441 F.2d 999 (D.C. Cir. 1970), 23179, Stahl v. United States

Docket Nº:23179.
Citation:441 F.2d 999
Party Name:Ruby Smith STAHL v. UNITED STATES of America, Appellant.
Case Date:November 23, 1970
Court:United States Courts of Appeals, Court of Appeals for the District of Columbia Circuit

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441 F.2d 999 (D.C. Cir. 1970)

Ruby Smith STAHL


UNITED STATES of America, Appellant.

No. 23179.

United States Court of Appeals, District of Columbia Circuit.

November 23, 1970

Argued March 10, 1970.

Mr. David English Carmack, Atty., Department of Justice, of the Bar of the Court of Appeals of Maryland, pro hac vice, by special leave of Court, with whom Asst. Atty. Gen. Frederick B. Ugast, Messrs. Lee A. Jackson, Atty., Department of Justice, and David G. Bress, U.S. Atty., at the time the brief was filed, were on the brief, for appellant. Miss Issie L. Jenkins, Atty., Department of Justice, also entered an appearance for appellant.

Mr. Sidney J. Silver, Washington, D.C., for appellee.

Before BAZELON, Chief Judge, and TAMM and LEVENTHAL, Circuit judges.

LEVENTHAL, Circuit Judge:

This case comes on appeal by the Government from a judgment of the District Court 1 awarding $5, 532 plus interest to a taxpayer in an action for refund of overpayment of federal income tax. Because we hold that on the disputed item taxpayer was entitled to take a deduction, for a loss on a transaction entered into for profit, we affirm.

I. The Facts

On April 12, 1962, Mrs. Ruby Smith Stahl, a widowed musician and music teacher, turned securities with a market value of approximately $210, 000 over to

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Balogh & Co., a Washington securities firm. Under an agreement between Mrs. Stahl and the firm, the securities were to be used by the firm as part of its capital so that the firm could satisfy certain SEC requirements. The securities were to be returned to her on May 12, 1963, subject, however, to the claims of all of the firm's creditors, present and future. In return Mrs. Stahl received one percent of the value of the securities per quarter, in addition to the dividend and interest income. She also became a member of the board of directors of the firm but attended only one meeting and never received notice of the others.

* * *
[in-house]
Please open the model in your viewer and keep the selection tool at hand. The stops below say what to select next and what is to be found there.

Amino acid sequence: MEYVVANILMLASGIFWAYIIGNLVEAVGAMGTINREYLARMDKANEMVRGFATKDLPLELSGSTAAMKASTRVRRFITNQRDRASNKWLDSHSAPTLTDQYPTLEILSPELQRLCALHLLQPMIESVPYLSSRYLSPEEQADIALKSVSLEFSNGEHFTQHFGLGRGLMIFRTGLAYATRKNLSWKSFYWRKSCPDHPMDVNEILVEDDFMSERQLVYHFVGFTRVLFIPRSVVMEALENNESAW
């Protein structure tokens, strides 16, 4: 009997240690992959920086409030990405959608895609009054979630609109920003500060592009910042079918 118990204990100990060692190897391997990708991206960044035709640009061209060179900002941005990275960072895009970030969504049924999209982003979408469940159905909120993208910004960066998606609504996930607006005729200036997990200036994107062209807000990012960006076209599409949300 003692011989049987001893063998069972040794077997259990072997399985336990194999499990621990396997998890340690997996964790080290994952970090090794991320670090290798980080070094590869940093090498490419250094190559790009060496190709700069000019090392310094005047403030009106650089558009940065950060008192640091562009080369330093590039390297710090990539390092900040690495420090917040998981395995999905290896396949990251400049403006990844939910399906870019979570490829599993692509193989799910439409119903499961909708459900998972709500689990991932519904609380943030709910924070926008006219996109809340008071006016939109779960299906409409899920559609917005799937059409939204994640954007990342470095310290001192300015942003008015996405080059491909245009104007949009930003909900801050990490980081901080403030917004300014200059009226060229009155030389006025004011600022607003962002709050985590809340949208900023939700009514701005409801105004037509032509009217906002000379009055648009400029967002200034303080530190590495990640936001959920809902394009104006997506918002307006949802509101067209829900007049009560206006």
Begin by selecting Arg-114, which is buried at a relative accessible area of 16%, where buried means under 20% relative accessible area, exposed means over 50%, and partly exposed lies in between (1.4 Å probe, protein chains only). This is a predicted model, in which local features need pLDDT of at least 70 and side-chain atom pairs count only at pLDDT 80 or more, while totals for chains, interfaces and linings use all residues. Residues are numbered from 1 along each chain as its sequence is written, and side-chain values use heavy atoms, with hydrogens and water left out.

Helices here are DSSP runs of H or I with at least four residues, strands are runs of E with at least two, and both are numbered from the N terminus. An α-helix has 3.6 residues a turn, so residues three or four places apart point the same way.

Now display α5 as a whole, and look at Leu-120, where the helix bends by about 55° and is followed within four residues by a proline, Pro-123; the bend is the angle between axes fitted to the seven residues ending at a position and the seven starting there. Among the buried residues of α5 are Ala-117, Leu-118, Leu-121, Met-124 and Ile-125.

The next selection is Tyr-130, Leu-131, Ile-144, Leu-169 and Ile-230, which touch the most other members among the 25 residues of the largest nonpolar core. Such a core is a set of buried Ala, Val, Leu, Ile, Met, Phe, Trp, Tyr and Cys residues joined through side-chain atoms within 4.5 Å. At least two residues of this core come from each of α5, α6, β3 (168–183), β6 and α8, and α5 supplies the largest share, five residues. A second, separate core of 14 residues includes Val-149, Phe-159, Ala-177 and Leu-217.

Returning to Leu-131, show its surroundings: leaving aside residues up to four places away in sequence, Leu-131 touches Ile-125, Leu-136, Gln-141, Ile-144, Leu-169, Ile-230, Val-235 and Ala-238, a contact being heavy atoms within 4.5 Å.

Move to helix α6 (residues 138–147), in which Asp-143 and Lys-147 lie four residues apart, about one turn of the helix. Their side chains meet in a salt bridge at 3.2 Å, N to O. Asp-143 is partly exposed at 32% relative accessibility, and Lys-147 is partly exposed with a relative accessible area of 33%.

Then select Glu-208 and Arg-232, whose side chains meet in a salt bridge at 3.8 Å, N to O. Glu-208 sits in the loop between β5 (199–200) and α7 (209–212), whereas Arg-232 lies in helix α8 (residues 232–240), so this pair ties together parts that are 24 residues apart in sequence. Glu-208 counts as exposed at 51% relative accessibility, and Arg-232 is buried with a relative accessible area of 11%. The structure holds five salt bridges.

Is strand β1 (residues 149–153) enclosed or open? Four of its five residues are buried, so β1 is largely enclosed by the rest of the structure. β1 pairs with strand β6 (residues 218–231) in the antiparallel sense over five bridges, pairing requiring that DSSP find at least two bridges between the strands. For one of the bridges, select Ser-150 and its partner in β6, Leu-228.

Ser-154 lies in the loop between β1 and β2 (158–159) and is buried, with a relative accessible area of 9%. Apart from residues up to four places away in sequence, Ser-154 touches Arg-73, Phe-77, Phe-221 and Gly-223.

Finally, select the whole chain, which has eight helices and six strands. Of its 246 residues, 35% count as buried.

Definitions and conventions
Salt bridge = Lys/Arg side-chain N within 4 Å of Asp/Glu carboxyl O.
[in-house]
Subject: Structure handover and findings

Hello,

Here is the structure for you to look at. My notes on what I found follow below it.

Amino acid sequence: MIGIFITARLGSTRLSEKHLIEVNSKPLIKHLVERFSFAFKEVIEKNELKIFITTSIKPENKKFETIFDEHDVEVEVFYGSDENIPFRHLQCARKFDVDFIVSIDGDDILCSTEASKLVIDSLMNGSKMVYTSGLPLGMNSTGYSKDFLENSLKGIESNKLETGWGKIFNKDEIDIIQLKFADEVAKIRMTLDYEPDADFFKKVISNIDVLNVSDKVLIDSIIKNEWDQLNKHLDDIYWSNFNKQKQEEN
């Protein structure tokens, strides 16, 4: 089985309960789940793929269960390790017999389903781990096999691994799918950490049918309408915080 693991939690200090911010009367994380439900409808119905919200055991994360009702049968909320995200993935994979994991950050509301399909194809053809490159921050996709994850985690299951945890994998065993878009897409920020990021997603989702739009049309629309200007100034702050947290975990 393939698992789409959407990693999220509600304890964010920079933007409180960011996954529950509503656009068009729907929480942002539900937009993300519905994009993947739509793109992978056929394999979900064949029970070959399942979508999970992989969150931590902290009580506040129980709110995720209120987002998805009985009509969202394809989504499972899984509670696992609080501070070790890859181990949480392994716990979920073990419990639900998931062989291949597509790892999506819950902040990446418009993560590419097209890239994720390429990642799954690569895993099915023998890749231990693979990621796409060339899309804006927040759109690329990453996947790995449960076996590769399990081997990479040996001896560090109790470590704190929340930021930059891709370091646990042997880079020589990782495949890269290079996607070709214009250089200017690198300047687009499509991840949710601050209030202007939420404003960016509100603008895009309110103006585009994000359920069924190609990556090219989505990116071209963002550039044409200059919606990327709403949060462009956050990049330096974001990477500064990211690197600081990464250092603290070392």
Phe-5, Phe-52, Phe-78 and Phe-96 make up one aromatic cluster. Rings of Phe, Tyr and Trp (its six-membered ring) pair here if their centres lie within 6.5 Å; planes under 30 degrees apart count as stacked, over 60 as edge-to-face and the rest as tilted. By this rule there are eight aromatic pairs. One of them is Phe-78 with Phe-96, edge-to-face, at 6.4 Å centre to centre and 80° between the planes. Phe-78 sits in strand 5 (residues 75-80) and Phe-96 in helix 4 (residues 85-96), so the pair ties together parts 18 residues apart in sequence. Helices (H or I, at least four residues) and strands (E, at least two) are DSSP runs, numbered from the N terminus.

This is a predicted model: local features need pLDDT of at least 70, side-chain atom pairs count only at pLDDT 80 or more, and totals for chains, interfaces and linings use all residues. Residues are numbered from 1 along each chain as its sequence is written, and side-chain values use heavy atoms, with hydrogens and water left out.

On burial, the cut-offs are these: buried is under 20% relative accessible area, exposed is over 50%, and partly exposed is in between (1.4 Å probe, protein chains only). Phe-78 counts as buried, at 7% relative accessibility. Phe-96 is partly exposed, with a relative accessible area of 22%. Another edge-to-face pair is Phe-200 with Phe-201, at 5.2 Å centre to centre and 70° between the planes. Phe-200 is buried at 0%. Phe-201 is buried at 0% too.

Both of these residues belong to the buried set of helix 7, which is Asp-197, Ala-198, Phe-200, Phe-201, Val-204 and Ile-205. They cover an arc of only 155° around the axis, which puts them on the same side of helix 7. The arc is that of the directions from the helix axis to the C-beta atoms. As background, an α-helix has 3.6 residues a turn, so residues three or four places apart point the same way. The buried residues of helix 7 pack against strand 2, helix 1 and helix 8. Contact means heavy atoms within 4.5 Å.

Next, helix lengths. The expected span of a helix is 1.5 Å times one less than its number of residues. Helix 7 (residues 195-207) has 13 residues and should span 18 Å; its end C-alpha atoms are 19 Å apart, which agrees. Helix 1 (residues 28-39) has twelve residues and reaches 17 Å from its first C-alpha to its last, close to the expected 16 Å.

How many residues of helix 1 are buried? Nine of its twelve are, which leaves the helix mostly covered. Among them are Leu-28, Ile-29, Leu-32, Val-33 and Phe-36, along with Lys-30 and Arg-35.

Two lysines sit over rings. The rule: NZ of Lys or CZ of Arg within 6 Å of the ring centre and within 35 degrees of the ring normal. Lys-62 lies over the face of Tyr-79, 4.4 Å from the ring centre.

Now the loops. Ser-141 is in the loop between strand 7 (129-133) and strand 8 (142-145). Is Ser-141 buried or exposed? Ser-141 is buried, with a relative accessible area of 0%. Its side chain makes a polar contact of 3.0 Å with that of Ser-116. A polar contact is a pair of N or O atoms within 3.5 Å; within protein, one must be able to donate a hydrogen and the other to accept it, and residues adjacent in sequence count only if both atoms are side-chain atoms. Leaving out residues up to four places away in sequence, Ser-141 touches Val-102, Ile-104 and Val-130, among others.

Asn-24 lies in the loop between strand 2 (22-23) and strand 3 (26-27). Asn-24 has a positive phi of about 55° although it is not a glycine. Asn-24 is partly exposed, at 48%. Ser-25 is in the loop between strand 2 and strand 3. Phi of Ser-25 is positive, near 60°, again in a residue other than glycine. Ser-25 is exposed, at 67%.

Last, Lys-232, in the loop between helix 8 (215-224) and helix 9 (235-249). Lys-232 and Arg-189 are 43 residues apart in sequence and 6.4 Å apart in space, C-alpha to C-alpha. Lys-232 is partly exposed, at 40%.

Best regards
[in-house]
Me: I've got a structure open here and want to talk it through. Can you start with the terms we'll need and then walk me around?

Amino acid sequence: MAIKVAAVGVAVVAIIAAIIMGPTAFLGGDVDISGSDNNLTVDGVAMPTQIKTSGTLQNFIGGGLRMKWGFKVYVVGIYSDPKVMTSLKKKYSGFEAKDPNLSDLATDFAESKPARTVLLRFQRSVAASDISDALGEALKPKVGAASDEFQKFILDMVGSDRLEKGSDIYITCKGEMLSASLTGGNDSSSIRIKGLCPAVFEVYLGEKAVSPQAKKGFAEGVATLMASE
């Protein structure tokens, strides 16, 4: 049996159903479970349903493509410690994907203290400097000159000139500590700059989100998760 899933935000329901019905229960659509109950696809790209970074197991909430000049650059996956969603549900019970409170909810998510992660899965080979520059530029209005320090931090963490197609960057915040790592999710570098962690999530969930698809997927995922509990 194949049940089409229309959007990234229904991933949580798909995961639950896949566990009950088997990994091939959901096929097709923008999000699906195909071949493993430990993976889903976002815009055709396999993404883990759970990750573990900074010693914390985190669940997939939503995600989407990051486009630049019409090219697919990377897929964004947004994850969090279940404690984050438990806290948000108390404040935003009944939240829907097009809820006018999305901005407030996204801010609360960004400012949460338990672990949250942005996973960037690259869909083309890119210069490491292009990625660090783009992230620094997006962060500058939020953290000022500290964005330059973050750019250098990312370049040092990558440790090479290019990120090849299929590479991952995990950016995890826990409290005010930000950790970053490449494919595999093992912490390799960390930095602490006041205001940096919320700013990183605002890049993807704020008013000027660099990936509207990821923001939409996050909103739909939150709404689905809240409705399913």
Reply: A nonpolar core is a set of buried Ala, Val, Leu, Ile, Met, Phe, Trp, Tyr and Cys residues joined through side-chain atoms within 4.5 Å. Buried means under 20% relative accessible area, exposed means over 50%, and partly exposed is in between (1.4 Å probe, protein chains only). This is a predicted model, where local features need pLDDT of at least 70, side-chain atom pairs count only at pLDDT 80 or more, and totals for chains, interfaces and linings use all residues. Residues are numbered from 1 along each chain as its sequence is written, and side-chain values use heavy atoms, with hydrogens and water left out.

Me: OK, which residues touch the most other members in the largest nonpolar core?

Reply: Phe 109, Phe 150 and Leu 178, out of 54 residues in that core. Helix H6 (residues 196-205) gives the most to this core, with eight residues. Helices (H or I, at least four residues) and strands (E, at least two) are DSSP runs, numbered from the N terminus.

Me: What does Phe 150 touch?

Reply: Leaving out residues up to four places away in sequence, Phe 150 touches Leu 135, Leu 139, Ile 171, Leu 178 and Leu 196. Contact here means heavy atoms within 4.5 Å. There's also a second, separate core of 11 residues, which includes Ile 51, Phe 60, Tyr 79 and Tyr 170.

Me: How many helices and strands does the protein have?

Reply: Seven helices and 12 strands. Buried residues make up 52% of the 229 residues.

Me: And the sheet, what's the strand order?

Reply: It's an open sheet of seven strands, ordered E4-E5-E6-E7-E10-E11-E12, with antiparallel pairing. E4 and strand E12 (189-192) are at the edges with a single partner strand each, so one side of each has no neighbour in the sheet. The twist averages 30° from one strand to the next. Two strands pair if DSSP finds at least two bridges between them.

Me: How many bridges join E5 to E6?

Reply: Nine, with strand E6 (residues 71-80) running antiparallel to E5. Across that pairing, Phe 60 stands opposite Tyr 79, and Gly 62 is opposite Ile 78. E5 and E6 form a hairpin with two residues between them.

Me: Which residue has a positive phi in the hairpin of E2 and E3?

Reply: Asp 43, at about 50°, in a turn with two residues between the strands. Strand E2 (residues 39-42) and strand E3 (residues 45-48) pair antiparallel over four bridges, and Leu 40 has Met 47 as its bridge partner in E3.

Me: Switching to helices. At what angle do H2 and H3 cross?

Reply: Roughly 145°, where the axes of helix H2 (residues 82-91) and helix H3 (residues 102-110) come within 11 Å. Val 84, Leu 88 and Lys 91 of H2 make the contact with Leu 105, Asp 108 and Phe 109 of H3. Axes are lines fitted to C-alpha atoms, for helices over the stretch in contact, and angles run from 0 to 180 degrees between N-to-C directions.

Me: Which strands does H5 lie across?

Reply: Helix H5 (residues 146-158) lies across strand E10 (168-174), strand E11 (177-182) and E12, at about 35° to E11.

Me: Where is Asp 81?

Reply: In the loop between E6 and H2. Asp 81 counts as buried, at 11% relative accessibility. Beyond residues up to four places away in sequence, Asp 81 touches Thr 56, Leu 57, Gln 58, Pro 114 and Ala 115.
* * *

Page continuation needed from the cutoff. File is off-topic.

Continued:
A subsequent agreement between the taxpayer and the firm provided that one half of the securities would be returned to her on December 15, 1963, and the other half on September 15, 1964. On October 31, 1963, however, the firm sold the securities for $257, 078.90. In August, 1964, the firm filed a petition in bankruptcy. The petition showed that its liabilities exceeded its assets by more than $300, 000. The bankruptcy proceedings were still pending before the District Court when it entered judgment in the case at bar.

The taxpayer claimed an ordinary loss of $87, 146 (based on the $127, 012 of the securities less an expected 'recovery' in bankruptcy of $39, 866) on her amended tax return for 1963. The Internal Revenue Service disallowed the deduction on the ground that the loss was not an ordinary loss but a capital loss in the nature of a nonbusiness bad debt. Furthermore, treatment of the loss as a nonbusiness bad debt was disallowed for 1963 since the debt was not wholly worthless at the end of that year. 2 The taxpayer paid the additional assessment and brought this suit for refund.